One of the more contentious topics when dealing with PCI DSS has been using compensating controls. For a QSA conducting an assessment, hearing about the use of compensating controls means more ground to cover. On the other hand, experienced assessors know that compensating controls can be part of the solution to meet compliance requirements.
However, this approach can also be abused, as some organisations will look to it as a go-to solution. This results in improperly designed or badly implemented compensating controls. So other IT professionals see compensating controls as loopholes around the prescriptive nature of the standard.
So are compensating controls just risky business that put cardholder data at risk? Or does it present us with a risk-based approach to meet the intent of the standard and protect cardholder data?
Compensating Control Components
Let us look at what makes up a compensating control for a PCI DSS requirement. There are six components:
- Identified Risk
- Definition of Compensating Controls
- Validation of Compensating Controls
First, there has to be legitimate constraints (e.g. technical, business) as to why a compensating control is being considered – not just because the organisation does not want to implement the requirement.
The next two points are around assessing the risks. The objective of the original control must be reviewed against the objective being met by the compensating control - i.e. is the compensating control meeting the intent of the original control? (Tip: To understand the intent of the control, check the guidance column in the standard for each requirement.) Next what additional risks (if any) are introduced with the use of the compensating control? Similar to coming up with risk treatment plans in other industry standards, assess the inherent and residual risks.
The last three points are about the implementation of the compensating control, from definition (i.e. details of the compensating control and how it achieves the objectives), to validation (i.e. testing that the compensating control is meeting its objectives), and finally maintenance (i.e. ensuring that the control continues to be effective over time).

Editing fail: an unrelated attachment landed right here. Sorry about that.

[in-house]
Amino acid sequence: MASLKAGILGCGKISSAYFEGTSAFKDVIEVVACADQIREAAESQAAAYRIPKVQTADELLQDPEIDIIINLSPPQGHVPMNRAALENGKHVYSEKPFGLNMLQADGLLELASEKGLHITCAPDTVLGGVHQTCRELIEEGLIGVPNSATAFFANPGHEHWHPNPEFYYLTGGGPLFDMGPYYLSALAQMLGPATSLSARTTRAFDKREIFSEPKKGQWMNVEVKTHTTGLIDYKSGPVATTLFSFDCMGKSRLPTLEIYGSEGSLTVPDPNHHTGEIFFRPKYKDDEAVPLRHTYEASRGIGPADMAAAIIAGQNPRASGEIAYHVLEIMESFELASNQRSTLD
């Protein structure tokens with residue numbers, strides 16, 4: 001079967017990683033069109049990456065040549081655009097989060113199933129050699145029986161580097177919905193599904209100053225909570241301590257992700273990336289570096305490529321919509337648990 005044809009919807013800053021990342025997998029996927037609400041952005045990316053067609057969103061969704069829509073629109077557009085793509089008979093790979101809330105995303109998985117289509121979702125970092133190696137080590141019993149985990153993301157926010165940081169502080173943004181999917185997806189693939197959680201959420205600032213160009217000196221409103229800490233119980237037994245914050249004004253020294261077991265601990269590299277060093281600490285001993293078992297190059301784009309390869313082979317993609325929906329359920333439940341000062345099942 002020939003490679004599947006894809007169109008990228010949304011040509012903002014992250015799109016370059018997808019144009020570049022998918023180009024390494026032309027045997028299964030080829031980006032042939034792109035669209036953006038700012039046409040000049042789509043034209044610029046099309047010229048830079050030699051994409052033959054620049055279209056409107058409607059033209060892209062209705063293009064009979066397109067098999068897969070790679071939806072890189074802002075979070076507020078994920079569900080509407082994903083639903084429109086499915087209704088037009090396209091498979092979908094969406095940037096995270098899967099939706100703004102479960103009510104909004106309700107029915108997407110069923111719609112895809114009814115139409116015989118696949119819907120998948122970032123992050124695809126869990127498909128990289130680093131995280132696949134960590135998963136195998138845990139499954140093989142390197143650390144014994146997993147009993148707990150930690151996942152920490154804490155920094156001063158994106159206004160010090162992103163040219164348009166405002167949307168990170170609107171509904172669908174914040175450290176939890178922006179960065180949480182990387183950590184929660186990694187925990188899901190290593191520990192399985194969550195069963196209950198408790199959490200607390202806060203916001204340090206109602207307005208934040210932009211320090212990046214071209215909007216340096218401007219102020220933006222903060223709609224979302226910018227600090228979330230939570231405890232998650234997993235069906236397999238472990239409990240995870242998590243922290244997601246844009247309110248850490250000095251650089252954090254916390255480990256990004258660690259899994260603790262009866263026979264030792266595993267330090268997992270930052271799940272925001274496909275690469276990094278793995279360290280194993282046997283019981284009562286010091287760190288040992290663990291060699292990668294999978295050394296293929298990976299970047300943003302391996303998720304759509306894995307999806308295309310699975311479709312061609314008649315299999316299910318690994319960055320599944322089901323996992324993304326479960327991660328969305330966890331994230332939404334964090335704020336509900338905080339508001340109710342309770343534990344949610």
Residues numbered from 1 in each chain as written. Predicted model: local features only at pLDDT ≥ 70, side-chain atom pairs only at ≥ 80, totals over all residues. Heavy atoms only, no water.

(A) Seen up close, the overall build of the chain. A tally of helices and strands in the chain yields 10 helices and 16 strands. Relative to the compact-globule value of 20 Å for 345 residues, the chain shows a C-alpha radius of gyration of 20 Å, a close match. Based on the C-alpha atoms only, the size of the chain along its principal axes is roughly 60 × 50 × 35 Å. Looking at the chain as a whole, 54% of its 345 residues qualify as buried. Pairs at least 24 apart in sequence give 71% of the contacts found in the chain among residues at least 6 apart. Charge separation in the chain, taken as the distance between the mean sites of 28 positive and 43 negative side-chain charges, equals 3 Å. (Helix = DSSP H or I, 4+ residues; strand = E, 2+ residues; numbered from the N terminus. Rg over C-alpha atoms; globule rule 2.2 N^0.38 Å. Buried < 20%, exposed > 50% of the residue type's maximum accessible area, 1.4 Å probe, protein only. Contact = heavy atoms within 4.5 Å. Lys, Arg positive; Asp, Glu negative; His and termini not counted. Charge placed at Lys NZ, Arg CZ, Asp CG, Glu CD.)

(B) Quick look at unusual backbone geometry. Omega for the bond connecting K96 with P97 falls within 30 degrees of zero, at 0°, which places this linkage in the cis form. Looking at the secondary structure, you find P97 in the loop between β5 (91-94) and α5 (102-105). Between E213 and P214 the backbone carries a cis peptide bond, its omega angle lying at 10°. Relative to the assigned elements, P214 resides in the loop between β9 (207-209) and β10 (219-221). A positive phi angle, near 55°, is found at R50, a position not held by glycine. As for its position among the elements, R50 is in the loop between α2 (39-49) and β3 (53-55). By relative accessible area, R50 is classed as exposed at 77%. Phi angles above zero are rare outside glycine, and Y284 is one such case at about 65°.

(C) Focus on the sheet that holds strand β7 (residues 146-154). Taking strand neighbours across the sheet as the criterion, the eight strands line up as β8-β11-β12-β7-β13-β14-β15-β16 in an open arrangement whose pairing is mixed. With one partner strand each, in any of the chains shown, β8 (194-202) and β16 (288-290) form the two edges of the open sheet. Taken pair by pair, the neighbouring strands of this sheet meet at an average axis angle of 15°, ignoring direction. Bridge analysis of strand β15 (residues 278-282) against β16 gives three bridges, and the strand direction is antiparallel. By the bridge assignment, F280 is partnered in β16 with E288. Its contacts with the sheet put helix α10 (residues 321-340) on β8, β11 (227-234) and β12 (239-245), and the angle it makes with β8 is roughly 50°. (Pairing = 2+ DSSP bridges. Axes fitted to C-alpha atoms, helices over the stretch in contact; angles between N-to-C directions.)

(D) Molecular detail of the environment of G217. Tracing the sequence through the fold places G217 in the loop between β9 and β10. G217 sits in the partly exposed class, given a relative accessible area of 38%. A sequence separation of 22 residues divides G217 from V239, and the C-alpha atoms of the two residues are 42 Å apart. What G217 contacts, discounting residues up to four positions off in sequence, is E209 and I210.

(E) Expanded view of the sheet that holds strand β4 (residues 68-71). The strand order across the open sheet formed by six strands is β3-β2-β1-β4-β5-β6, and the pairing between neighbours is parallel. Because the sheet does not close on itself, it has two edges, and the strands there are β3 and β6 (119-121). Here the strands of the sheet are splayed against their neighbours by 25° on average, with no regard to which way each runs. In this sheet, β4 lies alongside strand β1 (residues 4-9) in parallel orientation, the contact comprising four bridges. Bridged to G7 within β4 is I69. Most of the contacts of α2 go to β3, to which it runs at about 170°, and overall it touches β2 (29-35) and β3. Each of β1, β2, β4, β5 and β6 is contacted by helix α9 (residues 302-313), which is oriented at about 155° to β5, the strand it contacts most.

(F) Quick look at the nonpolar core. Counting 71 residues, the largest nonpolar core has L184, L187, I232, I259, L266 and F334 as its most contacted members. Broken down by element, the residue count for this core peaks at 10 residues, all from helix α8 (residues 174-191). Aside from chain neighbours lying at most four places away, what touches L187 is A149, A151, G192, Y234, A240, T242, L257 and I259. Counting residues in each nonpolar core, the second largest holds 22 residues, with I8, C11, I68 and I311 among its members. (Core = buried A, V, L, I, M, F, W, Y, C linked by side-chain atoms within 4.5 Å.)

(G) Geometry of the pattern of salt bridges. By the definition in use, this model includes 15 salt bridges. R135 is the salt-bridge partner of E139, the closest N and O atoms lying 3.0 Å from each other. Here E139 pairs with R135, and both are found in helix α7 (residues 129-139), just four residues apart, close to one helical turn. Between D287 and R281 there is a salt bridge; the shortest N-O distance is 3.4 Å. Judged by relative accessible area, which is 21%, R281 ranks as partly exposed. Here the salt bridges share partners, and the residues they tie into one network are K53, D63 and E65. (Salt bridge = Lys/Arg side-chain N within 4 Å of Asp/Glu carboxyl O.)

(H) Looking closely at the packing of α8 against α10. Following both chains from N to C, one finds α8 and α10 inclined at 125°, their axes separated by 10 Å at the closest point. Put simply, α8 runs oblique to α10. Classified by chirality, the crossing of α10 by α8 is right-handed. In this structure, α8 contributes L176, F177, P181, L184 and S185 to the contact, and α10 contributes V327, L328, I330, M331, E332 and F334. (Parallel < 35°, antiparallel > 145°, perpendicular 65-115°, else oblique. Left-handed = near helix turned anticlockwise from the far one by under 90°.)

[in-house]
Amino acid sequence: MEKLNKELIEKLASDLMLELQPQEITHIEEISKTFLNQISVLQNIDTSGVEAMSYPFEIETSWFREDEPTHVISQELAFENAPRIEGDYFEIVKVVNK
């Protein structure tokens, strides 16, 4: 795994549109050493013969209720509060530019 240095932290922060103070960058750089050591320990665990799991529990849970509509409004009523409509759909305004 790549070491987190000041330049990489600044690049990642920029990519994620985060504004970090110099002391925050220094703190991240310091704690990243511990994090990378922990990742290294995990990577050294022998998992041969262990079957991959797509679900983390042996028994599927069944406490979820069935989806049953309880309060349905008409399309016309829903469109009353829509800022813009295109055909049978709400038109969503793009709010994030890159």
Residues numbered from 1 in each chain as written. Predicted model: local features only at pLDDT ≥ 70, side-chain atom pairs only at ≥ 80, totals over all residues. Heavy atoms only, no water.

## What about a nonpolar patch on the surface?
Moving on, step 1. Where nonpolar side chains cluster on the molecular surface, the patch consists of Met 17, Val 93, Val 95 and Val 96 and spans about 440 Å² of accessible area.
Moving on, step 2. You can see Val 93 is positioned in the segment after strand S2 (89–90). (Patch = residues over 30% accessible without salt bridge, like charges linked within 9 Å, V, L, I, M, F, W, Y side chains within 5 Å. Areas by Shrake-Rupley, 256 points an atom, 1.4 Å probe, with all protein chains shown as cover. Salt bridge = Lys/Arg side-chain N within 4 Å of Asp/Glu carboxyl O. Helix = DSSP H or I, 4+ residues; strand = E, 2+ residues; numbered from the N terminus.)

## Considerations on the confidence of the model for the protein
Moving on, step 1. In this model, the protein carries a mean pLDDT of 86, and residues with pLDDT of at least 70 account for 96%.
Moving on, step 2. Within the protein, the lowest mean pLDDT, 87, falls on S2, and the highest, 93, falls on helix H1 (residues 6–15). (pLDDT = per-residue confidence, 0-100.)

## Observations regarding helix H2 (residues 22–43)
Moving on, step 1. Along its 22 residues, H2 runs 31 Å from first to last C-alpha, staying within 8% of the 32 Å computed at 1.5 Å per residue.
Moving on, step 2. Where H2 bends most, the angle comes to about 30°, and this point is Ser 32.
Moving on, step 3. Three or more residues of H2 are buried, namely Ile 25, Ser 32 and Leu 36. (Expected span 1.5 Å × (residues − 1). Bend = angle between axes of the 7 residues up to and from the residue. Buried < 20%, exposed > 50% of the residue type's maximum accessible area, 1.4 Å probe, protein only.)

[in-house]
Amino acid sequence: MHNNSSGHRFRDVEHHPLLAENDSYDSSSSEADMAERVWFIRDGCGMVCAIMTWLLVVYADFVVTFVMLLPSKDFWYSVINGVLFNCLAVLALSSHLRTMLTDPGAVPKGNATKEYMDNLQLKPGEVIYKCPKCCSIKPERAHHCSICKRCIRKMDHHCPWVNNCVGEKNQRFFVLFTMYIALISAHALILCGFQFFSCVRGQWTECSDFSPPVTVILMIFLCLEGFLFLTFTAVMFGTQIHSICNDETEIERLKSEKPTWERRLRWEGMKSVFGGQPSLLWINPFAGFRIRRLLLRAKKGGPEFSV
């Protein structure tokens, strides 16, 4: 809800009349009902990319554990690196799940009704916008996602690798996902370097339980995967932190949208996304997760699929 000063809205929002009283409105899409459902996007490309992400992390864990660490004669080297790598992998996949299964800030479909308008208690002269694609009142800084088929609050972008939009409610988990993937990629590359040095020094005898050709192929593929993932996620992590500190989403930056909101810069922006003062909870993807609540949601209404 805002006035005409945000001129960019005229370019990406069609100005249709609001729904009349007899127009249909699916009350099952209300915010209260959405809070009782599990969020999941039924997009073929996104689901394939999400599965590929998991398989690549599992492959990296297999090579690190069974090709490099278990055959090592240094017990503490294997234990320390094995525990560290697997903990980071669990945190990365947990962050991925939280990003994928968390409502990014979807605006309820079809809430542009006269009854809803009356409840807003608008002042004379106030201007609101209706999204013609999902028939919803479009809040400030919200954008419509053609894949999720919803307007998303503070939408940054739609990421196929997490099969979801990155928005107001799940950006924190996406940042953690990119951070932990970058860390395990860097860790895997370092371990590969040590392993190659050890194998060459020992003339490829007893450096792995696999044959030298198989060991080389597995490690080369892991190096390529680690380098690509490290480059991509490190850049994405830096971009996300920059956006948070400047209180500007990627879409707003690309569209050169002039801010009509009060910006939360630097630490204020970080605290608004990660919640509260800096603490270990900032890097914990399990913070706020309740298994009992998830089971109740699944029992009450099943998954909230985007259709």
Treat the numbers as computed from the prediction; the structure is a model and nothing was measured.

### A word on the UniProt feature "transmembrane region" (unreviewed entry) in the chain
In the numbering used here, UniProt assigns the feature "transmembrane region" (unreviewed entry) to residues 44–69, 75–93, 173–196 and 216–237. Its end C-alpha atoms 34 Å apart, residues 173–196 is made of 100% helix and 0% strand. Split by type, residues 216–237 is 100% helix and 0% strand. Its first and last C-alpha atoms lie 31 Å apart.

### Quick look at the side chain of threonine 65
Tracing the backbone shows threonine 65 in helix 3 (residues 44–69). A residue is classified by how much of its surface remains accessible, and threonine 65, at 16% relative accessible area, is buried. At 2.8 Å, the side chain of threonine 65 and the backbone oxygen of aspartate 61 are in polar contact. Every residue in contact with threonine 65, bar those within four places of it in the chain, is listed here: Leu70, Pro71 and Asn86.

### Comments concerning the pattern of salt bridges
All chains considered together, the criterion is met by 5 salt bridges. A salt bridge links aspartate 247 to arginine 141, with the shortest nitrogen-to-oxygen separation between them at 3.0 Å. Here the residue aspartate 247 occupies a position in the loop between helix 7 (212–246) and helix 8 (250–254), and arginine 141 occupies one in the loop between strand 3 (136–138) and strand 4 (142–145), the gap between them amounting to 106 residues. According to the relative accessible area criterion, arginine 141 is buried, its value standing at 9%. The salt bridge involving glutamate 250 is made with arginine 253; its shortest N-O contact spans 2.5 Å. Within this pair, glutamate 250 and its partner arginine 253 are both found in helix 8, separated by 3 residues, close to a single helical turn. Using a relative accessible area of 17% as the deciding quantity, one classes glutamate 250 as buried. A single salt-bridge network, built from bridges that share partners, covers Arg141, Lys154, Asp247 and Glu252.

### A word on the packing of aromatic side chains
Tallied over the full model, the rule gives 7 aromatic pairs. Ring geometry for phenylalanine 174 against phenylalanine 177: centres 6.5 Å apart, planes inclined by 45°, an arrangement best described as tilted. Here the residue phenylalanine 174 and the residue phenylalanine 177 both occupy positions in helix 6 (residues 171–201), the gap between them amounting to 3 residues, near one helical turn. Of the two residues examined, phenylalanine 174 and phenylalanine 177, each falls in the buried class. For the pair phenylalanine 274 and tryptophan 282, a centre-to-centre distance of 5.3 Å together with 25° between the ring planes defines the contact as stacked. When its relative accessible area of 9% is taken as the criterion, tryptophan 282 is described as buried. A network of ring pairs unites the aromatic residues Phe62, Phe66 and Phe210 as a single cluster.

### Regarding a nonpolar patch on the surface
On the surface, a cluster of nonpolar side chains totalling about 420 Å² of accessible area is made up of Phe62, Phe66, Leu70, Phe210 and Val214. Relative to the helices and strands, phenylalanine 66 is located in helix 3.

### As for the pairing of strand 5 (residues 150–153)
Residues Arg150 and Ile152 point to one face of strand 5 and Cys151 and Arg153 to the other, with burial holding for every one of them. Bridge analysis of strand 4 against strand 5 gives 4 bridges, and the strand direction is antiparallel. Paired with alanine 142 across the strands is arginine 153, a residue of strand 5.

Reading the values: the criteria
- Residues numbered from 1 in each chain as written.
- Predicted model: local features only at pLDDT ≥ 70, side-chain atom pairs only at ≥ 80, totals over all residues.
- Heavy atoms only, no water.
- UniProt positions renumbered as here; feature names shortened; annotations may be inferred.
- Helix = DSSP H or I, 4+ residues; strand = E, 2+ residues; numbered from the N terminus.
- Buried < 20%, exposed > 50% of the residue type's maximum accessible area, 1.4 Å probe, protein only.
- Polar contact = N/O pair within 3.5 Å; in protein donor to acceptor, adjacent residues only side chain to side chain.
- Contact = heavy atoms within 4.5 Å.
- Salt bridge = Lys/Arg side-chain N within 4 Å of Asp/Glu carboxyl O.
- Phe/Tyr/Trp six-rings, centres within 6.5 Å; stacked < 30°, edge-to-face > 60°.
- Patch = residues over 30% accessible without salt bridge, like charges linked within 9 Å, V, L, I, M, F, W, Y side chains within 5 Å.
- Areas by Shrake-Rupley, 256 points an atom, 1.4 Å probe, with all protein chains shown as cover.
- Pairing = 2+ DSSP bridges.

Any risk mitigation measure is only effective for as long as the measure is sufficient to mitigate the threat. However, threats evolve and new threats are always emerging. So like other industry security standards, PCI DSS requires organisations to conduct periodic risk assessments. This includes reviewing compensating controls to see whether they are still effective and continue to meet the intent of the standard.
Organisations should periodically review why a compensating control was implemented. Technology solutions improve and decrease in cost rapidly. Business processes also change over time. New factors may mean that the compensating control is no longer required and direct measures are feasible.
Compensating controls are not a permanent fix. The direct application of PCI DSS controls still presents the most straightforward and recommended way to achieve compliance. However, there are cases wherein legitimate constraints present considerable challenges for organisations. When designed and implemented properly, compensating controls present a risk-based approach for these organisations to meet PCI DSS compliance.
A final important note: A compensating control worksheet must be completed for each compensating control used to meet a PCI DSS requirement. For more information, take a look at Appendix C in PCI DSS.
This article originally appeared in PCI Professional Update – resources for PCIPs: April 2016 newsletter